A video emerged of police handcuffing 27-year-old Mido Macio to a back of a police van, and then driving off, after an altercation between Macia and police officers.
Macia later died in police custody at the Daveyton police station.
It is alleged that Macia disarmed one of the police officers during the altercation, only to be overpowered and then handcuffed to the vehicle.
But, a witness told AFP that Macia had been trying to get his driving license back from the police when an altercation occurred.
The witness denied police suggestions that he had tried to disarm one of the officers.
"He was just pushing them, not trying to take the gun," said George Nxumalo, a 57-year-old Daveyton resident.
The police watchdog, Independent Police Investigative Directorate and witnesses said two officers a warrant officer and a constable had initially confronted Macia at around 18:50 on Tuesday for parking his Toyota Avanza taxi illegally.
Video footage taken by a bystander shows Macia tussling with half a dozen uniformed and police officers - with at least one brandishing a pistol.
It then shows him being handcuffed to the back of a police van and dragged to the local police station, in front of a large crowd of shocked bystanders.
"Hey! Hey! Why are you hitting him?" one person in the crowd can be heard shouting in Zulu.
Macia was later taken into custody, where he was found dead less than two hours and 25 minutes later, according to investigators.
The cause of death was found to be head injuries with internal bleeding, investigators said.
A murder investigation has now been opened.
"We are investigating an incident involving the death of man, allegedly at the hands of the police. We are shocked by the footage which has been released," said IPID spokesperson Moses Dlamini.
"The circumstances surrounding his death are still allegations... let's find out what really happened," he said.
The incident has caused outrage across South Africa.
Daveyton residents marched on the police station on Wednesday, but claimed they were dispersed with pepper spray.
"They are criminals in uniform, we don't want them, we want the law to take its course, otherwise we will take the law into our own hands," said Bongani Hlela, a street trader based nearby.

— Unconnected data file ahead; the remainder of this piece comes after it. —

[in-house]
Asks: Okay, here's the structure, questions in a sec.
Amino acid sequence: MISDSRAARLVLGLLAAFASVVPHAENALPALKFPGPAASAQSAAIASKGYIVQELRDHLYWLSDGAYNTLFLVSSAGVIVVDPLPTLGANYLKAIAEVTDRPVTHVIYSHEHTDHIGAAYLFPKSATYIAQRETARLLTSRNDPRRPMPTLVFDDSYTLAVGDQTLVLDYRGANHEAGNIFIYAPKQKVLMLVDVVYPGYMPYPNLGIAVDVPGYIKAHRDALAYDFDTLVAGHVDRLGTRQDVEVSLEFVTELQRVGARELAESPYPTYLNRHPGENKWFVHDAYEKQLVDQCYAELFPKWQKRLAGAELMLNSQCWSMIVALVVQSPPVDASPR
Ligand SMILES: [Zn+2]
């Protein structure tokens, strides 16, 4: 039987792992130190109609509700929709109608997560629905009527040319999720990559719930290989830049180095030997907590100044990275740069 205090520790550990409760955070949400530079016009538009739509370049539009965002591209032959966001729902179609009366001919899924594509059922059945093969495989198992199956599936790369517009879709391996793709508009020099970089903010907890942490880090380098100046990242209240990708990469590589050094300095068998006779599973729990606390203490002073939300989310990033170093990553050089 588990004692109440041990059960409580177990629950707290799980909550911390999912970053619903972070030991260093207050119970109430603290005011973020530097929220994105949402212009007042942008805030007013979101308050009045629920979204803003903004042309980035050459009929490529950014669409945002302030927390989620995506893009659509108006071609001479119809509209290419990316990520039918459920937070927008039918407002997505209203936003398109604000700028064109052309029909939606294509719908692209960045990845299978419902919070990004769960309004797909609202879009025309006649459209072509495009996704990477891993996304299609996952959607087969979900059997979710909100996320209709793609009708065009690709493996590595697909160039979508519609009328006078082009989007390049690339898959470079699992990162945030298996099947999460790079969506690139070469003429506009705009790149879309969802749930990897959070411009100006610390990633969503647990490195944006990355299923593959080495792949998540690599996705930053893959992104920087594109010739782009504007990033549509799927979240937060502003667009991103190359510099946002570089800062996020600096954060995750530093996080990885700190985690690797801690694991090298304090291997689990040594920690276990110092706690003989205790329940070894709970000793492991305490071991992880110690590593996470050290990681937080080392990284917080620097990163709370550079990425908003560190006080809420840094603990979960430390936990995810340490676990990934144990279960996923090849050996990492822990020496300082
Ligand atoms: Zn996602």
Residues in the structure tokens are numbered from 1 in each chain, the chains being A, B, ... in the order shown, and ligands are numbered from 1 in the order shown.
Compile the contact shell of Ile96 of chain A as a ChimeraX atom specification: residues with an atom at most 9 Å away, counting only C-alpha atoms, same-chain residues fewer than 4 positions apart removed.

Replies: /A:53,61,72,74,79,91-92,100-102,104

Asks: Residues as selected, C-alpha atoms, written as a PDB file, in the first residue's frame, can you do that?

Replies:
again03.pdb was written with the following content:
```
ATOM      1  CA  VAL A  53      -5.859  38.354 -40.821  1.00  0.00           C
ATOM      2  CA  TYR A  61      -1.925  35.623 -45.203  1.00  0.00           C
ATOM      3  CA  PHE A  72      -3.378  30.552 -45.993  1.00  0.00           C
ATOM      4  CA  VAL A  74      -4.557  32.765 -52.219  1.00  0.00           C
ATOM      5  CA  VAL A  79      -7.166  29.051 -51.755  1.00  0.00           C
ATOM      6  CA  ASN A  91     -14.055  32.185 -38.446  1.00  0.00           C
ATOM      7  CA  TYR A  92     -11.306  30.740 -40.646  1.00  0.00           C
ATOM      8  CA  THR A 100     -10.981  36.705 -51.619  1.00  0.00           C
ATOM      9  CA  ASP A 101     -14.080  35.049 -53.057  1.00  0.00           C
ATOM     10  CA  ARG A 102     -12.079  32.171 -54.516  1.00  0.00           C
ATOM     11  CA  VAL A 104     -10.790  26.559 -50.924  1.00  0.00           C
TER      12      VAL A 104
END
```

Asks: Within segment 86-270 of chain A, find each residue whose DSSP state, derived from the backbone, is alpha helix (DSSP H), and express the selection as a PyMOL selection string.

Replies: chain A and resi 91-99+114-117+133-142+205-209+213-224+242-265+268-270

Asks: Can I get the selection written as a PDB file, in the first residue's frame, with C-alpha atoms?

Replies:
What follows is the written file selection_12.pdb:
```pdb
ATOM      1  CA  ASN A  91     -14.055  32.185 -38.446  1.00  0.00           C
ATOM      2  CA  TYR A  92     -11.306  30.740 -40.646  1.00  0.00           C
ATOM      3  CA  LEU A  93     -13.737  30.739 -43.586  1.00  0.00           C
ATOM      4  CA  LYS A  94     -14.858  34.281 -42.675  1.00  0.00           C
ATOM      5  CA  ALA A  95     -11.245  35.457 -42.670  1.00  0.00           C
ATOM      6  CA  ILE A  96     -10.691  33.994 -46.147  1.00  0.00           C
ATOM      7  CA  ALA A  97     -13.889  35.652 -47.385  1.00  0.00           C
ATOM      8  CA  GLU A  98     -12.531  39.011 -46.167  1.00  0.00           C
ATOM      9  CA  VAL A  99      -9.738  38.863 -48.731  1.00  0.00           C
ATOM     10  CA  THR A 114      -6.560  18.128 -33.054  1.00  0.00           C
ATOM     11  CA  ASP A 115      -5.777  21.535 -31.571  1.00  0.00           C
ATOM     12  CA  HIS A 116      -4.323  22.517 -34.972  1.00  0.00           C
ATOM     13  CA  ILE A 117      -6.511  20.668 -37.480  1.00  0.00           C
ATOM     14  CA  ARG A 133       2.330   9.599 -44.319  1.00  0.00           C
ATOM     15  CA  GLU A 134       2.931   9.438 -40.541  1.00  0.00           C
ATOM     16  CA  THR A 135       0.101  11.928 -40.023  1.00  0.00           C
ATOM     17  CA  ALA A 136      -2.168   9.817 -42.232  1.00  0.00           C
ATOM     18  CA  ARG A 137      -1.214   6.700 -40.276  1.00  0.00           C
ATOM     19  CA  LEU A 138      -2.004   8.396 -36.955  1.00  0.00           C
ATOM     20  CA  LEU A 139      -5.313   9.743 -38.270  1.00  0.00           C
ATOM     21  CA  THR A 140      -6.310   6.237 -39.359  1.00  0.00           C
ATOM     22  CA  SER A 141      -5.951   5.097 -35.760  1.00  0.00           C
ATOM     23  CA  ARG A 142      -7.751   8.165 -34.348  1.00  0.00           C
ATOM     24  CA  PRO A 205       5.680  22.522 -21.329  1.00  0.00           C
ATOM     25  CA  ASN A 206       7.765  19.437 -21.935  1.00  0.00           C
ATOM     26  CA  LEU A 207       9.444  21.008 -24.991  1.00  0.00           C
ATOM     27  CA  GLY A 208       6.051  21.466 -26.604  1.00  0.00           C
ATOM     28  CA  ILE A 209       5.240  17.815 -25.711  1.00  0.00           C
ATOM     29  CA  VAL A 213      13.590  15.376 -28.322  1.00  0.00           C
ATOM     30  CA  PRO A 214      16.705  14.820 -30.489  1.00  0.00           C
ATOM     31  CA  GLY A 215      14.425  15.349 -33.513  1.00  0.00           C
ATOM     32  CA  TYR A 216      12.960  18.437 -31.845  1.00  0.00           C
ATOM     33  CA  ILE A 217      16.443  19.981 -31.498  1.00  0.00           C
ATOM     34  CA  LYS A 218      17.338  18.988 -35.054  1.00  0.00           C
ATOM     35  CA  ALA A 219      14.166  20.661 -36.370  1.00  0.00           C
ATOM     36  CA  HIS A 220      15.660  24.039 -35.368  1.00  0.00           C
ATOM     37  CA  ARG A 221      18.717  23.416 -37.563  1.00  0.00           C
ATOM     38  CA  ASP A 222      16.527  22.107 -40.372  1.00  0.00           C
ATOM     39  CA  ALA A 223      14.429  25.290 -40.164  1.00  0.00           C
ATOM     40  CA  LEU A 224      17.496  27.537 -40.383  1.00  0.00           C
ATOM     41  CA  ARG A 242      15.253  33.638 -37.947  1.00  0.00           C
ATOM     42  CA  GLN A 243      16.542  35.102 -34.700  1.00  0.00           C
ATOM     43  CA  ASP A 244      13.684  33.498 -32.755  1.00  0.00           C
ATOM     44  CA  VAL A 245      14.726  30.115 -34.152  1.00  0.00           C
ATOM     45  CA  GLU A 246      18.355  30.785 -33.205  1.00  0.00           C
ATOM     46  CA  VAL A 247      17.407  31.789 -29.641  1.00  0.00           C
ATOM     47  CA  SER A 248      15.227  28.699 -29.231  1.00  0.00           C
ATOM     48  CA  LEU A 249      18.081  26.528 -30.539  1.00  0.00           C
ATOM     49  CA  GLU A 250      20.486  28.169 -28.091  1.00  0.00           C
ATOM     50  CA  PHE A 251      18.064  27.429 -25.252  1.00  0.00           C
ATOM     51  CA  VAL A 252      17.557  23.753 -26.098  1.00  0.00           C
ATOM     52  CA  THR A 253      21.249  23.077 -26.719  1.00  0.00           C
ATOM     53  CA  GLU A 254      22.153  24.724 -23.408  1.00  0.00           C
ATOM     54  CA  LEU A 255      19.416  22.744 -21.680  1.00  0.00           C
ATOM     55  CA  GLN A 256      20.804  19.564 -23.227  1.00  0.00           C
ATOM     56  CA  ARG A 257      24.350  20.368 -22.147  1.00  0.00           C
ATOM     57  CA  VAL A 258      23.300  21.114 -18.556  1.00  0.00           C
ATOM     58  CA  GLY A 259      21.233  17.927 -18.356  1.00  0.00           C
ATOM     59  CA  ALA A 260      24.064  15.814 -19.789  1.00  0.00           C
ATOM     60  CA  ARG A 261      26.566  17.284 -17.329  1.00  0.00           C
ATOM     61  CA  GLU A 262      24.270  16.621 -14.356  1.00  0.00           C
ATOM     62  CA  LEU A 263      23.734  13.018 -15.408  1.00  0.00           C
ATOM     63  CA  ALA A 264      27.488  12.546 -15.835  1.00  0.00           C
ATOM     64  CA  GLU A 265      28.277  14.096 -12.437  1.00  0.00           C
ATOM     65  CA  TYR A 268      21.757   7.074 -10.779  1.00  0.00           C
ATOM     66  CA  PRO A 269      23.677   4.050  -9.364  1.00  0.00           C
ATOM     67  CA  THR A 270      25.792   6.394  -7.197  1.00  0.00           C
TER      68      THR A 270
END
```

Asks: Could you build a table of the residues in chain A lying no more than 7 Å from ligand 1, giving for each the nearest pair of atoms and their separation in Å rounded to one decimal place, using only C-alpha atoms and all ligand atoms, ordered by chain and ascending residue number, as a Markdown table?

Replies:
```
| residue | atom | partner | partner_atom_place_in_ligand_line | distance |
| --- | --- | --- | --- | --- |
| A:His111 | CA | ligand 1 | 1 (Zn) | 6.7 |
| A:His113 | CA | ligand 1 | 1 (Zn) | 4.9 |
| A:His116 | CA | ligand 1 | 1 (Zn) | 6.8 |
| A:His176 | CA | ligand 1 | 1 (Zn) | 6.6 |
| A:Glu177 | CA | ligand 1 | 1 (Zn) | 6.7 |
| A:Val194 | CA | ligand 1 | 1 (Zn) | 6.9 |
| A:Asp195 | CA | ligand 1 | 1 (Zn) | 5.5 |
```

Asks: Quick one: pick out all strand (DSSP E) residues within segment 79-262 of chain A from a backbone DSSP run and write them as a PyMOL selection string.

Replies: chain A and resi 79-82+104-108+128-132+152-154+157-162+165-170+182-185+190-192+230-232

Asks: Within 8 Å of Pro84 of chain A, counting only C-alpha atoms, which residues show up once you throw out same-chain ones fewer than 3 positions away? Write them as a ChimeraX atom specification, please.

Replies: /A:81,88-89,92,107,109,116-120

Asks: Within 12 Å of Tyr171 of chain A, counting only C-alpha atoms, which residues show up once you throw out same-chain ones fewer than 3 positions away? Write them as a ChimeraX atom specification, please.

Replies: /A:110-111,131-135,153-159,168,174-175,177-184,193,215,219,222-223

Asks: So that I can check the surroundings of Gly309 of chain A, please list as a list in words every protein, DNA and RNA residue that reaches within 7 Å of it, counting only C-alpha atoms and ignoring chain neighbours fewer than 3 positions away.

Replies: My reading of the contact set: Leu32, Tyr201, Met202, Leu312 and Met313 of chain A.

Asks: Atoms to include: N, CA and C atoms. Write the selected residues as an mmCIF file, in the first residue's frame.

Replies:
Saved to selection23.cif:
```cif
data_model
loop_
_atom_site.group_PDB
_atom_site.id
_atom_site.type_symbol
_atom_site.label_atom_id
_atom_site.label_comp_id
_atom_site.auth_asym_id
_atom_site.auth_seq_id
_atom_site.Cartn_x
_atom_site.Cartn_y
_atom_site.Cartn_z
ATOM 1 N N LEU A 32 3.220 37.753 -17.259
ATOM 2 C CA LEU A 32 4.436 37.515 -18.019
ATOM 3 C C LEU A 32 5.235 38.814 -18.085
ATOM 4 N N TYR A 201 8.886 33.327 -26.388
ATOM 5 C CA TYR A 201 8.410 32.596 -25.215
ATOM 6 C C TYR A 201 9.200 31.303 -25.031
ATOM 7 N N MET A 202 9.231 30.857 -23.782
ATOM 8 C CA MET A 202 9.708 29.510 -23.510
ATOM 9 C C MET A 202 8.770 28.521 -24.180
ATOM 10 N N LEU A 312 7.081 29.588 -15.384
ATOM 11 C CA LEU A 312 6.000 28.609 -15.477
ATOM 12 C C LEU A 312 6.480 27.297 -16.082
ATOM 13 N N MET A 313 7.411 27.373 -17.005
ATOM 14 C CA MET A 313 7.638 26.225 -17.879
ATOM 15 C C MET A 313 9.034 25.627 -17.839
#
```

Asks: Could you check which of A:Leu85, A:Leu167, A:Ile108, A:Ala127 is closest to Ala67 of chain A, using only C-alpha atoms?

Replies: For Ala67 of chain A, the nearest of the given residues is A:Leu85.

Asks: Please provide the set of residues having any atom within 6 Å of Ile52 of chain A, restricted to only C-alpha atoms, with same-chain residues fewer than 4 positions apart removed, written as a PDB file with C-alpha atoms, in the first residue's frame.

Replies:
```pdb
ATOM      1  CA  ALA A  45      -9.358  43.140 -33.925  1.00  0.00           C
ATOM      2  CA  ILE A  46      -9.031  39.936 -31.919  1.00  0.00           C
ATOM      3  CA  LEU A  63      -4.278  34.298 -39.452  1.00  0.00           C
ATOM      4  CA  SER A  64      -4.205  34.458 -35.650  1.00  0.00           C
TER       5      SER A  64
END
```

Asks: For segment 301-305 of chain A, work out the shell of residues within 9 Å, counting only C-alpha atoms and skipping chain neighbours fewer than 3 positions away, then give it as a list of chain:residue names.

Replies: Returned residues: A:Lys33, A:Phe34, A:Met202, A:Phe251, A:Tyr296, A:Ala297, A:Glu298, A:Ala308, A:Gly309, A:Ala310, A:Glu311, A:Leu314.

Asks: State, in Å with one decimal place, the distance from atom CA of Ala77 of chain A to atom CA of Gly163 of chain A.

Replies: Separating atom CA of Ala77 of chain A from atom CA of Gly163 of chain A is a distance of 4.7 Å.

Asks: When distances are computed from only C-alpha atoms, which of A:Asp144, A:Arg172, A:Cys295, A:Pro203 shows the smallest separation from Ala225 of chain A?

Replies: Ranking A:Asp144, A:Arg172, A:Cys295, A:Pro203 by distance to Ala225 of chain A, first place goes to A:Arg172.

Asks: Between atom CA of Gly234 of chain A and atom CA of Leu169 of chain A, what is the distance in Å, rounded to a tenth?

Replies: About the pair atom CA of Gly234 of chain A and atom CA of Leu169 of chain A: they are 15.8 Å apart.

"Just because he was Mozambican does not mean that he should be treated badly. We are all African, we have rights," he added.
Police commissioner Riah Phiyega expressed "deep concern" about the incident.
"The matter is viewed by the National Commissioner in a very serious light and it is strongly condemned," a statement said.
It is just the latest in a series of crises to hit the beleaguered police service, which was pilloried for the shooting dead of 34 miners on one August day and for its handling of the Oscar Pistorius case.
"This appalling incident involving excessive force is the latest in an increasingly disturbing pattern of brutal police conduct," said Noel Kututwa, Amnesty International's southern Africa director.
The Independent Police Investigative Directorate received 720 new cases for investigation of suspicious deaths in custody or in other policing contexts from April 2011 to March 2012, according to Amnesty.
In 1998, film emerged of four officers setting their dogs on three Mozambicans which sparked a massive outcry.
The opposition Democratic Alliance party called for a full investigation by the human rights commission and for the officers involved to be suspended.
"Macia paid for parking on the wrong side of the road with his life. Instead of issuing him with a ticket, the police killed him," said shadow police minister Dianne Kohler Barnard.
"How much longer must South Africans live in fear of the very people who are supposed to protect them?"
The police department said the officers had not yet been suspended.
The Mozambican Embassy in Pretoria said it had dispatched an official to the area to find out more.